Who's going to tell George Foreman Why 'healthy' grilled food could actually be making you fat
Compound released when food cooks in dry heat can lead to weight gain and diabetesdigg]
13:14 GMT, 24 August 2012
It is regarded as a healthier alternative to frying food.
But eating grilled and roasted meals could actually increase the risk of obesity and diabetes, research suggests.
This is because when food is cooked in a dry heat it produces a compound that is linked weight gain and insulin resistance, experts from Mount Sinai university say.
George Foreman barbecue may help drain fat – but food cooked in a dry heat could still lead to obesity
The compound – methyl-glyoxal (MG) – is a type of of advanced glycation endproduct (AGE), which have been found to lower the body’s protective mechanisms that control inflammation
In a study, reported in the Proceedings of the National Academy of Sciences, one group of mice was fed a diet high in MG over four generations, while the control group was fed a diet without M.
The mice that ate the MG started to develop early insulin resistance and increased body fat, whereas the control group did not have either of these conditions.
Professor Helen Vlassara said: 'This was a prolonged but rewarding study showing that a specific AGE compound abundant in foods, within only a few generations in mouse terms, contributes to the increase in weight gain, insulin resistance, and, diabetes, reproducing the pattern seen increasingly in humans over the last decades.
'These key findings should inform how we understand and prevent the human epidemic of obesity and diabetes.'
She added: 'The study demonstrates how the prolonged ingestion of seemingly innocuous substances common in human food, such as MG, can reduce defenses and compromise native resistance to metabolic and other diseases.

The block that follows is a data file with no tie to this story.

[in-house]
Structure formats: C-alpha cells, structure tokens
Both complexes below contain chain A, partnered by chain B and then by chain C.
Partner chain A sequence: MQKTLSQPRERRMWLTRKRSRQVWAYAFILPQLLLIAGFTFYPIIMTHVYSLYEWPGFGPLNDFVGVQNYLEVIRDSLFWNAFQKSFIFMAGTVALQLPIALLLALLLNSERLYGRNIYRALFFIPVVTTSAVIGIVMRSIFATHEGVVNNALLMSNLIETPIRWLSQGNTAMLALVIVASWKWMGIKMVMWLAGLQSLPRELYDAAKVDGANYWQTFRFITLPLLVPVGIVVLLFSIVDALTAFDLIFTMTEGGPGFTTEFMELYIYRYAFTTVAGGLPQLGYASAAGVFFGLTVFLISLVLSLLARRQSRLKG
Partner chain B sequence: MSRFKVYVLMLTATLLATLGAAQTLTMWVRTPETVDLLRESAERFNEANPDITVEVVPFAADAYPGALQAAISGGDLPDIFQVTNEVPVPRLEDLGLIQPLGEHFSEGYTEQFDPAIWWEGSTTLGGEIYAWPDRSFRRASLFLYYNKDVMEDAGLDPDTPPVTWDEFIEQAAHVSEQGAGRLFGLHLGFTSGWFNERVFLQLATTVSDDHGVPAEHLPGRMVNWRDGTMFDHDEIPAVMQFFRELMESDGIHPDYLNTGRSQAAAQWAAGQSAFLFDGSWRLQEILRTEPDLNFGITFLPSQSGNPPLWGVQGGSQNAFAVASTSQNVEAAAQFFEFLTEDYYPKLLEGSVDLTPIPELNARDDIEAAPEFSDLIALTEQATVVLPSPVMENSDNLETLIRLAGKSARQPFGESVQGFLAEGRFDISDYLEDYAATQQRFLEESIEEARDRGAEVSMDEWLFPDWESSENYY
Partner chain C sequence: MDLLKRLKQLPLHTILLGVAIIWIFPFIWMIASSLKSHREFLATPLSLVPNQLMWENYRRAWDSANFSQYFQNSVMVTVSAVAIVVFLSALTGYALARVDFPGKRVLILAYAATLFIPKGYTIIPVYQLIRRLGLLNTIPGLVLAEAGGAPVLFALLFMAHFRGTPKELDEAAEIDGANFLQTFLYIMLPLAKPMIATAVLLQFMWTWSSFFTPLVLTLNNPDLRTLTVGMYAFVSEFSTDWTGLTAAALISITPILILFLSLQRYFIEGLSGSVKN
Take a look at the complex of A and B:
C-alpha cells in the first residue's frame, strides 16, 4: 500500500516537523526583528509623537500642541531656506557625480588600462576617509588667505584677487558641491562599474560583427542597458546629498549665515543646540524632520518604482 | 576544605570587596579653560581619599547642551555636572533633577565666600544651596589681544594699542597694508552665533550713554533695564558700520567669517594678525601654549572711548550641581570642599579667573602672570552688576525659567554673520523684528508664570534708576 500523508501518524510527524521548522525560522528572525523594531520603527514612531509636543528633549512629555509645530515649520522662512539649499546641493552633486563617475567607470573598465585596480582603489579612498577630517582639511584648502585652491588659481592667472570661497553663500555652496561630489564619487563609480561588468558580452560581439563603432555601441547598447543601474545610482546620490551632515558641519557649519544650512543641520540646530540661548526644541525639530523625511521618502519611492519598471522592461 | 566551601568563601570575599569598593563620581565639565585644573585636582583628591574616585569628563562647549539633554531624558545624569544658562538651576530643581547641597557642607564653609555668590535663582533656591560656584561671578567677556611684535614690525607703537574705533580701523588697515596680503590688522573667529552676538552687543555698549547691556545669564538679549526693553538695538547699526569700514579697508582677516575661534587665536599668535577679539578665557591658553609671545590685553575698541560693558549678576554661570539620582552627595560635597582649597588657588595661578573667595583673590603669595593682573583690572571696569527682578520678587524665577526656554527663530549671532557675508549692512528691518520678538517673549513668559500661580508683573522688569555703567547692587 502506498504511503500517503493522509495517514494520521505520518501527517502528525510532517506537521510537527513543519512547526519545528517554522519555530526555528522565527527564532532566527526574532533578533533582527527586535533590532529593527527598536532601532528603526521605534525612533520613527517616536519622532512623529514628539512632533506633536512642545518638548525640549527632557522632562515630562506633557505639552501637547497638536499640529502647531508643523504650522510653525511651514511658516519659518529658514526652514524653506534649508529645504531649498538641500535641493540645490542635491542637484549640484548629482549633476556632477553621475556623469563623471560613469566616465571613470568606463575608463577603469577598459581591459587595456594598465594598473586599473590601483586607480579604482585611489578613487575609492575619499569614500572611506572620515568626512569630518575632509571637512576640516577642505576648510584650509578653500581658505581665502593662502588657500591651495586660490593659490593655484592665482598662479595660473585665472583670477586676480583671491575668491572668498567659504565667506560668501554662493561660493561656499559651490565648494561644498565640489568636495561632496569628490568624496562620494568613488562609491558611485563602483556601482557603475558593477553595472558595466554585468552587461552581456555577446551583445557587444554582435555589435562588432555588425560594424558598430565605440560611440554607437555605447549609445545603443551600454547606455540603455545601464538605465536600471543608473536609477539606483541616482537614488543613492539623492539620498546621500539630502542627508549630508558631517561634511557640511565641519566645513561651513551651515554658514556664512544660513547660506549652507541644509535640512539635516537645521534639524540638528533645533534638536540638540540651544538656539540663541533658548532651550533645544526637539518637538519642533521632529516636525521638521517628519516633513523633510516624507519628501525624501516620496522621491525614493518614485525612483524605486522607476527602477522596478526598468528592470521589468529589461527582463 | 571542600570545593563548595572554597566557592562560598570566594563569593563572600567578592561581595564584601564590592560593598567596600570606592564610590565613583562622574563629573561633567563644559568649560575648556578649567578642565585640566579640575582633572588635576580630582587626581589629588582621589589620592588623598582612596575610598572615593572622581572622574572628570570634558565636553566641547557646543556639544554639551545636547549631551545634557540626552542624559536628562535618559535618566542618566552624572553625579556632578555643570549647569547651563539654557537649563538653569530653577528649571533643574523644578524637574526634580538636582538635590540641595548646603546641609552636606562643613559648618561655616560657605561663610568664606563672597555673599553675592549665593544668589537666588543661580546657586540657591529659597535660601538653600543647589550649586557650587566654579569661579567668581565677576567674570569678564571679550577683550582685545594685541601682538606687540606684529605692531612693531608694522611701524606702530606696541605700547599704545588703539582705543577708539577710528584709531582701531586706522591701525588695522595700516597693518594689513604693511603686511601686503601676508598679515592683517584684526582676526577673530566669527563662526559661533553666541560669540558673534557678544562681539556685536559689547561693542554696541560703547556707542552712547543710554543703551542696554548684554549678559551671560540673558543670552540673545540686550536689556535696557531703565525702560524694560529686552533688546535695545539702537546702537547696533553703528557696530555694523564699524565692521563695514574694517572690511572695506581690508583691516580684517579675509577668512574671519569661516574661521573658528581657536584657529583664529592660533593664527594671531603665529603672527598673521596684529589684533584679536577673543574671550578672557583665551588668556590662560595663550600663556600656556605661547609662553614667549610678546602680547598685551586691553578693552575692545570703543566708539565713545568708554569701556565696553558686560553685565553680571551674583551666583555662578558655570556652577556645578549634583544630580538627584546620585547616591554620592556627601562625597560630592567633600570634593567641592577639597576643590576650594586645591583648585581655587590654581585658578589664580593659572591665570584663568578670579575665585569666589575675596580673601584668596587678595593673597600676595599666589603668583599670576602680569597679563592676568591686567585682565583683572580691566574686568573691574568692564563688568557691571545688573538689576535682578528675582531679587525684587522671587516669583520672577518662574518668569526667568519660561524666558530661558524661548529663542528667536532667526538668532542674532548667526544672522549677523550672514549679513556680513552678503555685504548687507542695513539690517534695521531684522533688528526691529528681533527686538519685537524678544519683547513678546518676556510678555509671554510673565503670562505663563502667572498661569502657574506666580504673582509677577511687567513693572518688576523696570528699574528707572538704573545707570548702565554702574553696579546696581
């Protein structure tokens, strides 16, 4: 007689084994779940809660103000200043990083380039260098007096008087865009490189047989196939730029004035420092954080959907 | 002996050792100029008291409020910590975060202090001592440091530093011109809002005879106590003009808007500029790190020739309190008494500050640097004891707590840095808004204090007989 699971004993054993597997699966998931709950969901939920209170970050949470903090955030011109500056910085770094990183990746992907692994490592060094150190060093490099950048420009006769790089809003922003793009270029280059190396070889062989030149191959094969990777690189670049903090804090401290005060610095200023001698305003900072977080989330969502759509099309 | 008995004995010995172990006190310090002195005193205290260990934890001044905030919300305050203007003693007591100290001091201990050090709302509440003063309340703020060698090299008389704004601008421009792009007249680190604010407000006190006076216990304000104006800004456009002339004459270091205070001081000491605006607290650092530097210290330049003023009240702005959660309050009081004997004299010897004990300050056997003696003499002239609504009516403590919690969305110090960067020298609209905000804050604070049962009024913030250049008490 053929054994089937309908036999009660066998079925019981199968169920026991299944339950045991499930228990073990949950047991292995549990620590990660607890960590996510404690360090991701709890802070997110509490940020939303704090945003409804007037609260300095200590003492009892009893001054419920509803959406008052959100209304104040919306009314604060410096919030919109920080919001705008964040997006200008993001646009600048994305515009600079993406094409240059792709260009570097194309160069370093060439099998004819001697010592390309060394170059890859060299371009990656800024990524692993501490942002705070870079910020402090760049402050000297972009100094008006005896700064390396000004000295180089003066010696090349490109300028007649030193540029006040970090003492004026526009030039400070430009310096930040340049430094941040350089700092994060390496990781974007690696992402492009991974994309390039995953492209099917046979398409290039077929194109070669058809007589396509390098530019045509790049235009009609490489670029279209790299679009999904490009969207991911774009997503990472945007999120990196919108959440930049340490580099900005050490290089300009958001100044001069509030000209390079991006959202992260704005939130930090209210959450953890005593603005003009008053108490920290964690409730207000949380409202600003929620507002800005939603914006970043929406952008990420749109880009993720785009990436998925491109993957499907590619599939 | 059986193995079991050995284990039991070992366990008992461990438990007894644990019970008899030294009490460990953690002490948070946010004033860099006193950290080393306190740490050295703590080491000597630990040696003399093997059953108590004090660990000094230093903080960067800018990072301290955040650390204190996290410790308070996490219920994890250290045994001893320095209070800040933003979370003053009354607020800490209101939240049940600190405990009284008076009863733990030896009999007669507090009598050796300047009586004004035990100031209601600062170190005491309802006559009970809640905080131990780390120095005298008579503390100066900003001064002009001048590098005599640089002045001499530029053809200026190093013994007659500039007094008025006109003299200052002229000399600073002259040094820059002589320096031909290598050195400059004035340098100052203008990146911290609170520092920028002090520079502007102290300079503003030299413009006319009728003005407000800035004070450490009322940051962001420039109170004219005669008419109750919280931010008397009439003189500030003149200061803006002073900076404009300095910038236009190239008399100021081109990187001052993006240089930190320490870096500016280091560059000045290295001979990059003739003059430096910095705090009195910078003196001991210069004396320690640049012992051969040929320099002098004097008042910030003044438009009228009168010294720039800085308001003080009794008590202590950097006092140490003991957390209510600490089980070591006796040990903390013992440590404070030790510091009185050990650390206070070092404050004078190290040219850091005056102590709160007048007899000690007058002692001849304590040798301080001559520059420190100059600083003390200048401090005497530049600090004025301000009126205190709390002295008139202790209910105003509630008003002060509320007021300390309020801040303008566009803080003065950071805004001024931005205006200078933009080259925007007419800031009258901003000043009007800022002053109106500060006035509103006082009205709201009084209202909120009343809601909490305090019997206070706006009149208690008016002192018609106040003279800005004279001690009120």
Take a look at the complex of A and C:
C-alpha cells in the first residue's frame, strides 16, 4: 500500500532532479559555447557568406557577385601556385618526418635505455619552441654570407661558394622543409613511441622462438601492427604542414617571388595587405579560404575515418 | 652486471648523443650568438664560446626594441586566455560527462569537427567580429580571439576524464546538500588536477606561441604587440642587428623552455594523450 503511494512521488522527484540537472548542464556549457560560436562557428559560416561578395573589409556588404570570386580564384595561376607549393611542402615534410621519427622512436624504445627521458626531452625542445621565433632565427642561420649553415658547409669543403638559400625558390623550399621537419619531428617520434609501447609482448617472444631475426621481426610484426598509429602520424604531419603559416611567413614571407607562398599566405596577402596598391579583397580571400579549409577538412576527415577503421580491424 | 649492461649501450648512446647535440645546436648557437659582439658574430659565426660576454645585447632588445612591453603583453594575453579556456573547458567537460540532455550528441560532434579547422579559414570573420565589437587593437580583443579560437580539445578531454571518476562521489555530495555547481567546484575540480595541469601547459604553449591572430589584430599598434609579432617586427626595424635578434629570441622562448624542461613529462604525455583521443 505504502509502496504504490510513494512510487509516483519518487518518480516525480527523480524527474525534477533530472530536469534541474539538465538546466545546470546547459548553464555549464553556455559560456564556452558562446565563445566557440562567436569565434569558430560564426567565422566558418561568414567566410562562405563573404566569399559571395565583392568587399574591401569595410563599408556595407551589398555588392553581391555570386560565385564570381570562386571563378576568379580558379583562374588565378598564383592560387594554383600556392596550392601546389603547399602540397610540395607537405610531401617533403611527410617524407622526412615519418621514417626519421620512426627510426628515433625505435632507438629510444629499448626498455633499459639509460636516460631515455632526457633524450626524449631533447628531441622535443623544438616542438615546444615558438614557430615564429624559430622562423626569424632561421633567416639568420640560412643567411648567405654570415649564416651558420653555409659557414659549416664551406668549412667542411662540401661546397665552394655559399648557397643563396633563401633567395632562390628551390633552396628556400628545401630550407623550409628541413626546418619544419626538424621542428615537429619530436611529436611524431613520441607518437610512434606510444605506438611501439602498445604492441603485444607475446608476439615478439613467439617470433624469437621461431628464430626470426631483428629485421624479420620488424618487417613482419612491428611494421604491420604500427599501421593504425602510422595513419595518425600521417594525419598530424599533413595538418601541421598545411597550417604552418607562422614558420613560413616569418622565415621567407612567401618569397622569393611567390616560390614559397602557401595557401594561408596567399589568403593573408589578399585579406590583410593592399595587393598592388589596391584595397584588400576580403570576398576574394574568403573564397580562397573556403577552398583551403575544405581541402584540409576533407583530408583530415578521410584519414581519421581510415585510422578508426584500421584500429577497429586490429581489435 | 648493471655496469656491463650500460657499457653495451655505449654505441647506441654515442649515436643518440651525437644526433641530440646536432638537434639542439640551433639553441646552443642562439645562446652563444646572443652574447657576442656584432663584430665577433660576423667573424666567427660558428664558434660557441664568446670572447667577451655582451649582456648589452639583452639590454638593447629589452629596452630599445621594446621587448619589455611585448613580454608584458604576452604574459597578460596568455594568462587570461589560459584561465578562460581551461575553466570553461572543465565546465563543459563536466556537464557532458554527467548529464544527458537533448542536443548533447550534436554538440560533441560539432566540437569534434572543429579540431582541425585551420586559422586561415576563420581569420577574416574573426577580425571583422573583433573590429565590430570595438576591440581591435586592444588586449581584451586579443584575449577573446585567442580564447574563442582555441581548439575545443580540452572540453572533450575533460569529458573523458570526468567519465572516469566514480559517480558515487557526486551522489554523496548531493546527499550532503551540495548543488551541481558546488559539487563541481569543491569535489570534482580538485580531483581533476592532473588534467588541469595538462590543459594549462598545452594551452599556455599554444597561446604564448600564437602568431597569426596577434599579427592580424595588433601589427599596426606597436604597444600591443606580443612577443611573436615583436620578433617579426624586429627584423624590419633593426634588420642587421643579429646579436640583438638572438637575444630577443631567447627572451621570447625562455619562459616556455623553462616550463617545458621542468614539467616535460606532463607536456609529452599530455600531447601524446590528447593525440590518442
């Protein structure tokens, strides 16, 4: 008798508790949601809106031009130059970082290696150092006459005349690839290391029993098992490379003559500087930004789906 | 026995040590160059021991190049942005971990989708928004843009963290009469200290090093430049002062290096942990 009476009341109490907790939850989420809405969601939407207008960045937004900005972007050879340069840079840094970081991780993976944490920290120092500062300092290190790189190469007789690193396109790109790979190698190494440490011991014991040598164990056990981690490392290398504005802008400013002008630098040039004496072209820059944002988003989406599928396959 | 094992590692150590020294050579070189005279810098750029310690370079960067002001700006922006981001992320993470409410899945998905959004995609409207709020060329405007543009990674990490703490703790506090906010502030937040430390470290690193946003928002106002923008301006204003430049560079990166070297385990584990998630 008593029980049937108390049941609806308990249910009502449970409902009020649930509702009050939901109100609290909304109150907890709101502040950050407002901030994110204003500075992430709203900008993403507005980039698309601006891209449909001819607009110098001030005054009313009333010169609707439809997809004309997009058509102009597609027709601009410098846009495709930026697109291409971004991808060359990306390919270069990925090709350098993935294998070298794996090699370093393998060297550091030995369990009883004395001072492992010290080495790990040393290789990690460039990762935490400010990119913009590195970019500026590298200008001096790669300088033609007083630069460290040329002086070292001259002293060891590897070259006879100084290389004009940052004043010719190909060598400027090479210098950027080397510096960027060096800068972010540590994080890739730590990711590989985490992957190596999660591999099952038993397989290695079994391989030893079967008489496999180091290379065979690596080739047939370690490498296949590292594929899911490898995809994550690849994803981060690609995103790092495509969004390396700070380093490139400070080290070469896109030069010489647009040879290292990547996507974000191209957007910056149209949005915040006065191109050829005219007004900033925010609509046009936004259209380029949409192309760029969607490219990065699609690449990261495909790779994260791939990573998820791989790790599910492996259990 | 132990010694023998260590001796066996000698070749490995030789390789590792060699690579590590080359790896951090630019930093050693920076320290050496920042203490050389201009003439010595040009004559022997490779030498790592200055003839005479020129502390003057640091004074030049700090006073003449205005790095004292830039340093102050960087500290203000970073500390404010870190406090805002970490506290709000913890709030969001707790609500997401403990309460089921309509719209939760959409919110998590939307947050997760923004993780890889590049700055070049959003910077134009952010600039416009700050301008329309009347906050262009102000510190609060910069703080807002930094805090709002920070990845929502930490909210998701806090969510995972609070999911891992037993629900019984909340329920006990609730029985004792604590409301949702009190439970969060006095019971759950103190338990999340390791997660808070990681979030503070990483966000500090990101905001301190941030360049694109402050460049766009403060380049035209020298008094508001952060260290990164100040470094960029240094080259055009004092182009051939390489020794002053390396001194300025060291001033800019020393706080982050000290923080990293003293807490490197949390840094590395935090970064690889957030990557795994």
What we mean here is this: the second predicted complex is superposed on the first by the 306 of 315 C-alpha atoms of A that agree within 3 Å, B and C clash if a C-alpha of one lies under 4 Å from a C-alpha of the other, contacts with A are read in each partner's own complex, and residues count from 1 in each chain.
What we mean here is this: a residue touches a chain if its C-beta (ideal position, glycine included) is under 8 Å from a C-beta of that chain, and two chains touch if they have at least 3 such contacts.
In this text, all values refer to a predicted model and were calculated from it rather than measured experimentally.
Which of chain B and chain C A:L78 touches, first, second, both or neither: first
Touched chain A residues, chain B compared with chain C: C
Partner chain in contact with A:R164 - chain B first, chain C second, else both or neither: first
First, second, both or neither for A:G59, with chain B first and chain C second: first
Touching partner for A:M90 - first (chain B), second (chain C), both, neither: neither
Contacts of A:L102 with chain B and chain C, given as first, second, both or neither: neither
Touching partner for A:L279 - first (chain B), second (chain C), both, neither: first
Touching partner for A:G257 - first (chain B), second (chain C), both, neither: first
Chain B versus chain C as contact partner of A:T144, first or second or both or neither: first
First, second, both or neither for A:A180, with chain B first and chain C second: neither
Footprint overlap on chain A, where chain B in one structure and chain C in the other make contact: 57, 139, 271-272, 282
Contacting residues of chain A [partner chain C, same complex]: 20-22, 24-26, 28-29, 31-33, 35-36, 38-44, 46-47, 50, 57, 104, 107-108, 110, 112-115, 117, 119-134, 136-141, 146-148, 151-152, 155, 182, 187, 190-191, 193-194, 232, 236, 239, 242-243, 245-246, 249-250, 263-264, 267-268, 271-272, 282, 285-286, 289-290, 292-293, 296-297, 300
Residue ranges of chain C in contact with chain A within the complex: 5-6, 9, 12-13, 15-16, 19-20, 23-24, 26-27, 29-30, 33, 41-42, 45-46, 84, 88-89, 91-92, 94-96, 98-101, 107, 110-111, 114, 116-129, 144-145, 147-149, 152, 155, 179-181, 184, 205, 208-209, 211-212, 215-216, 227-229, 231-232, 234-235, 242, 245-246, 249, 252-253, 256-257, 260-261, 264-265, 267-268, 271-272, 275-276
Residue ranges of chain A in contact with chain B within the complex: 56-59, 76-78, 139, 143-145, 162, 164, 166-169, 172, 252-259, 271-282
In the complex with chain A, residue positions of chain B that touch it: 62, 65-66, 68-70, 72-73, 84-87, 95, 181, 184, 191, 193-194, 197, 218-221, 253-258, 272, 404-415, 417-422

Lean mean grilling machine: Foreman with one of his world-famous cooking devices
'The mouse findings are also quite exciting because they provide us with new tools, not only to study, but to begin taking measures to prevent diabetes, either by suppressing their formation or by blocking their absorption with our food.'
A recent study by her team showed that a modest cut in foods high in AGEs improved insulin resistance in adults with type 2 diabetes.
Dr Vlassara said: 'For more than 30 years we have been studying the potential of eliminating harmful AGEs from the body, and now from food, as one way to curb the diabetes epidemic.
'Thus far, our findings reflect the need for a dramatic departure from standard clinical recommendations, which should now include a reduction in the amount of dry heat and processed foods in the diet.'
Her team recommend different methods of cooking such as stewing, poaching or steaming in the place of grilled meats. Even George Foreman's grill, which removes the fat from meat as it cooks, could produce the offending compound.